Isn´t it possible that the second wave of immigration into America was simply invited in and guided? Perhaps hard to prove, but why would the Bering straits have to be a one way street. I think it is funny that people get precious over this subject, the world after all is a globe. An Irish Monk got near to Cananda in a canoe, it can´t have been that hard or completely unknown of. I can understand those who did know about a way didn´t spread it about, maps have always been preciously guarded, but to think the Americas couldn´t have been discovered multiple times by different people is more ridiculous in my opinion. When I grew I thought it was likely that someone else had found America before Columbus, but it was impossible to say it. Now we are told an Icelandic European "discovered" it first. It seems the further forward in time we go the further back we see.

Of course, we shouldn´t forget multiple people invent things (or re-discover them) at the same time all the time. The TV, the telephone, the radio, oddly there is usually a few people who come up with similar ideas in different locations somewhat independently. Probably because the same issues are arising in their lives. That there is technology regression also shouldn´t be surprising, most Cro Magnons could probably navigate by the stars, I doubt many Europeans could do this on a dark night. The Chinese regressed in technology quite markedly after their massive boon where it is even suspected a Chinese admiral "discovered" America.
All valid points EAB. We discussed the first paragraph in Suletrean hypothesis thread. There could have been 2 way movement of people through Bering Strait. It is more likely however that new arrow tip was invented in Siberia and went with people both ways to America and to Europe by means of R1 folks. In this case we don't need to worry about 2 way movement through the Bering Strait, or technology making it all the way from America to Europe or vice versa, or being reinvented.

RobertColumbia
07-09-15, 03:09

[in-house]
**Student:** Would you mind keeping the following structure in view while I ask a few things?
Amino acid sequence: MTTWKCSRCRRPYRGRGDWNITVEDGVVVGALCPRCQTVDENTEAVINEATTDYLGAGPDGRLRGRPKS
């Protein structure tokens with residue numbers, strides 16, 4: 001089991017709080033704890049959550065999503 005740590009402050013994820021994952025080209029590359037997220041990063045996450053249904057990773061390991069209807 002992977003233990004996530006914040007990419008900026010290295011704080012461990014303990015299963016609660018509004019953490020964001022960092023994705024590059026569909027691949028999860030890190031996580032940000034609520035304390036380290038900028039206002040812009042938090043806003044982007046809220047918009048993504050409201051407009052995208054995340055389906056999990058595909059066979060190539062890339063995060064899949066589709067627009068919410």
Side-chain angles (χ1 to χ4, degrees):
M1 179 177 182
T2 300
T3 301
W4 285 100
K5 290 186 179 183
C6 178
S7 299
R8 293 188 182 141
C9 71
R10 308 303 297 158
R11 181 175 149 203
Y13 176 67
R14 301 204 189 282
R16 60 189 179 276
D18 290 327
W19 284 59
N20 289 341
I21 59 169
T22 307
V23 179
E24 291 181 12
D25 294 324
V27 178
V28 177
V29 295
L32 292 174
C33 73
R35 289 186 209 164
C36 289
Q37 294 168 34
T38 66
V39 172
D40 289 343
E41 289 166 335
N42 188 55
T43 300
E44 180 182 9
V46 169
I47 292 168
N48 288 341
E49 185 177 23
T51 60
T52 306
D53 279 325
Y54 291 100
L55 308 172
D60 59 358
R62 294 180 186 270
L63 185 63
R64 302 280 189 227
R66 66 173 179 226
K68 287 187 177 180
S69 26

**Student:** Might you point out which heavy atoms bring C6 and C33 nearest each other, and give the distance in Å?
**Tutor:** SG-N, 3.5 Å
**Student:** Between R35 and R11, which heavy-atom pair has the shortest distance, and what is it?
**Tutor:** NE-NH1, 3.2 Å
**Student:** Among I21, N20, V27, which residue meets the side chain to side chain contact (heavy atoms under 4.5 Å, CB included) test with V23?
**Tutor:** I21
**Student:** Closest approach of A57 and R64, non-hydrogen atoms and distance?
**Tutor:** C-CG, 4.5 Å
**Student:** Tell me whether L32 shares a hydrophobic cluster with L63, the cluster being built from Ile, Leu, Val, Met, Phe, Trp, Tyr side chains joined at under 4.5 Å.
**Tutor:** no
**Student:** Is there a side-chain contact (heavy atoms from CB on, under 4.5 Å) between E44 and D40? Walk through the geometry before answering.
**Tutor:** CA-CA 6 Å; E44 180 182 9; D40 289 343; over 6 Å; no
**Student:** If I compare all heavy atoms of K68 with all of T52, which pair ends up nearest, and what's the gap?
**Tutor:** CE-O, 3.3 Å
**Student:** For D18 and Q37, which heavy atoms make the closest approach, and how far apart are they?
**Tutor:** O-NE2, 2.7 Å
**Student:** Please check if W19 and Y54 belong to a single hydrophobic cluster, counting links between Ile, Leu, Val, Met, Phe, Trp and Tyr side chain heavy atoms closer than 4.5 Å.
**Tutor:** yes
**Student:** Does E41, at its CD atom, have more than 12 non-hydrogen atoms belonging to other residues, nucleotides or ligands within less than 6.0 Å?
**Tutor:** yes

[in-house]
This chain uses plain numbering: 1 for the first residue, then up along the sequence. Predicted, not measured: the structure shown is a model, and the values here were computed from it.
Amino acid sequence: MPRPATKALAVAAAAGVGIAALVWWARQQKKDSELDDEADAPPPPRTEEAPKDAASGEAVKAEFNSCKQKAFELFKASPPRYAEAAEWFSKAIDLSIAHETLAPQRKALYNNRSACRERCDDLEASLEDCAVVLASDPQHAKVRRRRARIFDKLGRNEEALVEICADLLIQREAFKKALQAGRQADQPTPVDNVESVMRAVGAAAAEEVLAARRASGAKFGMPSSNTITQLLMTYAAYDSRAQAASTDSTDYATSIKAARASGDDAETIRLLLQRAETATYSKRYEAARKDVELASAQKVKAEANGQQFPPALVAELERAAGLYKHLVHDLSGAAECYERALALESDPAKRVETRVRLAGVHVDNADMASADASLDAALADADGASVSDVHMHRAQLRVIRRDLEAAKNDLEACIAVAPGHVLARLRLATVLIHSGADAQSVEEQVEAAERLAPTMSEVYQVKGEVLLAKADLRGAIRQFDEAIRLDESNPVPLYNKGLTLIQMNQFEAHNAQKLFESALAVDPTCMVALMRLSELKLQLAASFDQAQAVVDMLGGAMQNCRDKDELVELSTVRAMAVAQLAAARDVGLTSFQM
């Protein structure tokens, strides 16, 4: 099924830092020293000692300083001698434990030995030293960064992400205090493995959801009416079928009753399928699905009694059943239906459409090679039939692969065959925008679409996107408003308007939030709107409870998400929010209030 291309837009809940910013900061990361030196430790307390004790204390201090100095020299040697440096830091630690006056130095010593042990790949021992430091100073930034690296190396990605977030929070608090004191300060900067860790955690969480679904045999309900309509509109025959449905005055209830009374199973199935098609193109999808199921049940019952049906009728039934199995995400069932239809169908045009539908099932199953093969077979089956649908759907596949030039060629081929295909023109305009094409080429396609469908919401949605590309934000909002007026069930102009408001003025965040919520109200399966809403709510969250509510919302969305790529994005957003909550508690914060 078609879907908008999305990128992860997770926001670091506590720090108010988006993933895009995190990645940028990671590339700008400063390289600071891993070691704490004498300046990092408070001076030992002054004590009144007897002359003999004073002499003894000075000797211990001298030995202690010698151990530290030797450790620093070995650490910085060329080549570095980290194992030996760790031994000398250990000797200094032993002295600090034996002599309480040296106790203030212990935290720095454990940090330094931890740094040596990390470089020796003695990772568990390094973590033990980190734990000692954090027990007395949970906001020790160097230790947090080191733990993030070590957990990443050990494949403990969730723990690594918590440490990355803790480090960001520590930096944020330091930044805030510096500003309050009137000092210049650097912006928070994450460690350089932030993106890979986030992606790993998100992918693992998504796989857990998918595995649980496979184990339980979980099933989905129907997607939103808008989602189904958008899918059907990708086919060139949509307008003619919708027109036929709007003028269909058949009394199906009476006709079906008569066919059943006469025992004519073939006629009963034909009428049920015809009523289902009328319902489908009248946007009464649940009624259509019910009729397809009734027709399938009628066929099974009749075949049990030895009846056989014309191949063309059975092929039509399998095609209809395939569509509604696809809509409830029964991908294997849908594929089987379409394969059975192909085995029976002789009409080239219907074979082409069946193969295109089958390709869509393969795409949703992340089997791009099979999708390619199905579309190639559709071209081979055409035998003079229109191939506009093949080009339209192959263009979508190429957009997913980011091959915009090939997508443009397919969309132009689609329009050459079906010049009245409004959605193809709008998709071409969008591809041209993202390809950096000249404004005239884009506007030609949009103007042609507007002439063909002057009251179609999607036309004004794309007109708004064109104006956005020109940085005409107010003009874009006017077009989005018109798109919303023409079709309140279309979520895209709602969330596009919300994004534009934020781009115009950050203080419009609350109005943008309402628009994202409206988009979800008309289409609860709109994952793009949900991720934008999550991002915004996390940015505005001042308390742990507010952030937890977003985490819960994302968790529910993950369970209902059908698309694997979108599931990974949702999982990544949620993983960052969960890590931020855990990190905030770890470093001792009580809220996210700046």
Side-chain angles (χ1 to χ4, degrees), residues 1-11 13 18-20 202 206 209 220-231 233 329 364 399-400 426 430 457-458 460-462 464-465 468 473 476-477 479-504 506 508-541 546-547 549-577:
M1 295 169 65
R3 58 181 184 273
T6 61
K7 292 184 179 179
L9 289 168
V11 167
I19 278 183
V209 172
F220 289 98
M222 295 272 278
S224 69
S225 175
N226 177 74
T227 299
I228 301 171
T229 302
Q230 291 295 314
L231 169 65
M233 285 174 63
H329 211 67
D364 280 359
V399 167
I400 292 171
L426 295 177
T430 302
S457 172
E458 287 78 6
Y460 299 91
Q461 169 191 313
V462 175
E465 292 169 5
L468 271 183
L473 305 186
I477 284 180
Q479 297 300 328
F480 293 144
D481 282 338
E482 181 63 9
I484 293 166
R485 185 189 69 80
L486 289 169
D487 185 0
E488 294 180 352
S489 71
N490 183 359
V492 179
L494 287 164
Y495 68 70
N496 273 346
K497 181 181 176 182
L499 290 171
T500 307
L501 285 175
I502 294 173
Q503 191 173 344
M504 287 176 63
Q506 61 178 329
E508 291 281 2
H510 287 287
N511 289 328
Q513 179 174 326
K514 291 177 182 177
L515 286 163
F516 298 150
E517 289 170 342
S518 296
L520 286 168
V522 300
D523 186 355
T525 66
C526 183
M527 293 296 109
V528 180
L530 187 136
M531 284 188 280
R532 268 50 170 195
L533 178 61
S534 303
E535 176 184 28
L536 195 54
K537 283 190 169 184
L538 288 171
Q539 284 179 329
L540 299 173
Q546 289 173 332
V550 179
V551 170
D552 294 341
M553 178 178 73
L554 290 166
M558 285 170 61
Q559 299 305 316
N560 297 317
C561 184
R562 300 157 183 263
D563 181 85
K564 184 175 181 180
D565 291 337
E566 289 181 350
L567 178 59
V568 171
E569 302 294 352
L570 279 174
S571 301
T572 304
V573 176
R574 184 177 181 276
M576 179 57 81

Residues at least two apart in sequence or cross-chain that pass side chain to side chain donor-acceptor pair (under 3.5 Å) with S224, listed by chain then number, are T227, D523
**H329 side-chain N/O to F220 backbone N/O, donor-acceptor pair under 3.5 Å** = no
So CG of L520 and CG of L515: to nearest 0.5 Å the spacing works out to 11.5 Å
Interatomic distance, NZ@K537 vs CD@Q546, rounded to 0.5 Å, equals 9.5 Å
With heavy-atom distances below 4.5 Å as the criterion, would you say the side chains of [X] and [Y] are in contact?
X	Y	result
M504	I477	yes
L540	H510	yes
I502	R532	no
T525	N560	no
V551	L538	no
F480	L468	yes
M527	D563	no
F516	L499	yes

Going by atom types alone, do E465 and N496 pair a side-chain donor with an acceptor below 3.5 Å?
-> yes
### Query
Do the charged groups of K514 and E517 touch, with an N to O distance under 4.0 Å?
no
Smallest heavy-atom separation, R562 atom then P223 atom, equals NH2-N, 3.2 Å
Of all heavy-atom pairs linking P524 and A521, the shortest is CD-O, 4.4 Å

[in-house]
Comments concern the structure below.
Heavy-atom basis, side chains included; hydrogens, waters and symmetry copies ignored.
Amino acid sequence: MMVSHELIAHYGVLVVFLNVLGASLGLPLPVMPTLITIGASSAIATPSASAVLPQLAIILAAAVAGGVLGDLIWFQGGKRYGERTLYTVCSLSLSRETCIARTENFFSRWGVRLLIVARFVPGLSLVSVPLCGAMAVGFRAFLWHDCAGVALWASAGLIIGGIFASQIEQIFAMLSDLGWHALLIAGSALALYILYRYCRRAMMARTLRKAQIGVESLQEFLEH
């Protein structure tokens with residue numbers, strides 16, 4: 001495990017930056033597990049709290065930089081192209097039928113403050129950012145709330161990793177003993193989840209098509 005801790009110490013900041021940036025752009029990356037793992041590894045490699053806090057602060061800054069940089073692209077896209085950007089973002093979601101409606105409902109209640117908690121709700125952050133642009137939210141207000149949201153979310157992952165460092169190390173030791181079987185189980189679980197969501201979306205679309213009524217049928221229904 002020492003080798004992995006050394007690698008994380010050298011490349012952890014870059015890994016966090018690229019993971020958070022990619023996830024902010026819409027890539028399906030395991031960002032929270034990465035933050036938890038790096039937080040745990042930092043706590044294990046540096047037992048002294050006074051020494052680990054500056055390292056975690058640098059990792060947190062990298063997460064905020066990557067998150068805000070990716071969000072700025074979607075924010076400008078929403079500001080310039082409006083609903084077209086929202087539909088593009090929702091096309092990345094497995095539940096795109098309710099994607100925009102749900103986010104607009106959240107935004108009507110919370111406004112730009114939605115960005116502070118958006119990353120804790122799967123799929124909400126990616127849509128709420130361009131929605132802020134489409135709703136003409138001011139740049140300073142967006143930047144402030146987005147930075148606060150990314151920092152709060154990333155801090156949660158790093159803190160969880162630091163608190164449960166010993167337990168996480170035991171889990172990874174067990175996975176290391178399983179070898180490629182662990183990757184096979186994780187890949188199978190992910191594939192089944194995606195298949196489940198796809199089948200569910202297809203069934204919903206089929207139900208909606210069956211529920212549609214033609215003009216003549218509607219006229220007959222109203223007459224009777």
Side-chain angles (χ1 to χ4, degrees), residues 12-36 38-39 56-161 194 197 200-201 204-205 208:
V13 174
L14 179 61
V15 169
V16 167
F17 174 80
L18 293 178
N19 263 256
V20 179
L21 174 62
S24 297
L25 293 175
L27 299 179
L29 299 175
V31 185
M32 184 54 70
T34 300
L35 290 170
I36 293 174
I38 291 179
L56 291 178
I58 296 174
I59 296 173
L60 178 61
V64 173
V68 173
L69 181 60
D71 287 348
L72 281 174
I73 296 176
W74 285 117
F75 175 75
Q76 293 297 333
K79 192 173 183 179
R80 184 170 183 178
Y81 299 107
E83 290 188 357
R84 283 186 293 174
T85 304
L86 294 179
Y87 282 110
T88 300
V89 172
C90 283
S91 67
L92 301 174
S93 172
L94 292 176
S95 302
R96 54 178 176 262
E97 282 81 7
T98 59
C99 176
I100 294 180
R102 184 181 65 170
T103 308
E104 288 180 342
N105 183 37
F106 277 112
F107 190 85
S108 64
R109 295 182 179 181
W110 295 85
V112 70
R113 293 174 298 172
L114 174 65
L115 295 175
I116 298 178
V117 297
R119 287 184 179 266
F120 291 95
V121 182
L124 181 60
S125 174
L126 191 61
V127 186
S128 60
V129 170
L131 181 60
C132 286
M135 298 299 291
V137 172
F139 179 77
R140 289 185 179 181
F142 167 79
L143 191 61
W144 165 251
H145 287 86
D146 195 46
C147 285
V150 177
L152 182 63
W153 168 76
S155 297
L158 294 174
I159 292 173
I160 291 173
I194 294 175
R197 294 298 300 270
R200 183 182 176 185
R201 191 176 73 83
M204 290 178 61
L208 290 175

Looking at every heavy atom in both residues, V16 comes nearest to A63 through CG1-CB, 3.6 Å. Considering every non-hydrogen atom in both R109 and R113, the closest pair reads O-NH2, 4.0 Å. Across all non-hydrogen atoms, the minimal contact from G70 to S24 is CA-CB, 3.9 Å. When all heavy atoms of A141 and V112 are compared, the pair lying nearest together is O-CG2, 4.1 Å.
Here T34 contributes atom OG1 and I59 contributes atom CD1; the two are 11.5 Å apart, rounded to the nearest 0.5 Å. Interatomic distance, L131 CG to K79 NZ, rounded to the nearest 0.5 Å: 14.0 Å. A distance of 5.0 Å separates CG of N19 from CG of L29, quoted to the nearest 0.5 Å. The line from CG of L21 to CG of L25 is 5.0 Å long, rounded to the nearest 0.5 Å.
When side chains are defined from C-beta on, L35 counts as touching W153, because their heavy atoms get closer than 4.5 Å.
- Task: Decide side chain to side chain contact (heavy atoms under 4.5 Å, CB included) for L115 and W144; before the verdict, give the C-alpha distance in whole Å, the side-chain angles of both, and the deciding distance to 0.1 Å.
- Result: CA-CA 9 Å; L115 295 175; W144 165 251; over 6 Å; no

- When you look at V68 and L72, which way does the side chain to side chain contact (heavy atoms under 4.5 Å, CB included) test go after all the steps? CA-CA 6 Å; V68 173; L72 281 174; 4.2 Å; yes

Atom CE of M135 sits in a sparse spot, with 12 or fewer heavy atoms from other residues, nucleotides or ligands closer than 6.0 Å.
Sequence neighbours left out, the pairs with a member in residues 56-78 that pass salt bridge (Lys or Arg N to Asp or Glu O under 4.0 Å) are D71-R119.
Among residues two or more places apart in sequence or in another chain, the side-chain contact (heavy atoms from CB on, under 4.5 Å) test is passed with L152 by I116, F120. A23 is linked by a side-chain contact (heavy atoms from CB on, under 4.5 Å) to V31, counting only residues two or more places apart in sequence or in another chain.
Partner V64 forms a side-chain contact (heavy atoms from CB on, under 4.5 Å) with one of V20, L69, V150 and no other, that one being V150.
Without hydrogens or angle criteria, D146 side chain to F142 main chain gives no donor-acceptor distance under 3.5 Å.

Old thread and quite exciting. I was just wondering why, if the arrows are used as potential proof of contact between European technology and native american, couldn´t this exchange have happened in Siberia? For example if there are two accepted migrations into America with two groups of basically similar tribes, was that just chance or couldn´t they have just stayed in contact with the Siberians updating the Americans on technology? What is the arrow technique was developed in the Americas and went through Siberia into Europe.

Isn´t it possible that the second wave of immigration into America was simply invited in and guided? Perhaps hard to prove, but why would the Bering straits have to be a one way street. I think it is funny that people get precious over this subject, the world after all is a globe. An Irish Monk got near to Cananda in a canoe, it can´t have been that hard or completely unknown of. I can understand those who did know about a way didn´t spread it about, maps have always been preciously guarded, but to think the Americas couldn´t have been discovered multiple times by different people is more ridiculous in my opinion. When I grew I thought it was likely that someone else had found America before Columbus, but it was impossible to say it. Now we are told an Icelandic European "discovered" it first. It seems the further forward in time we go the further back we see.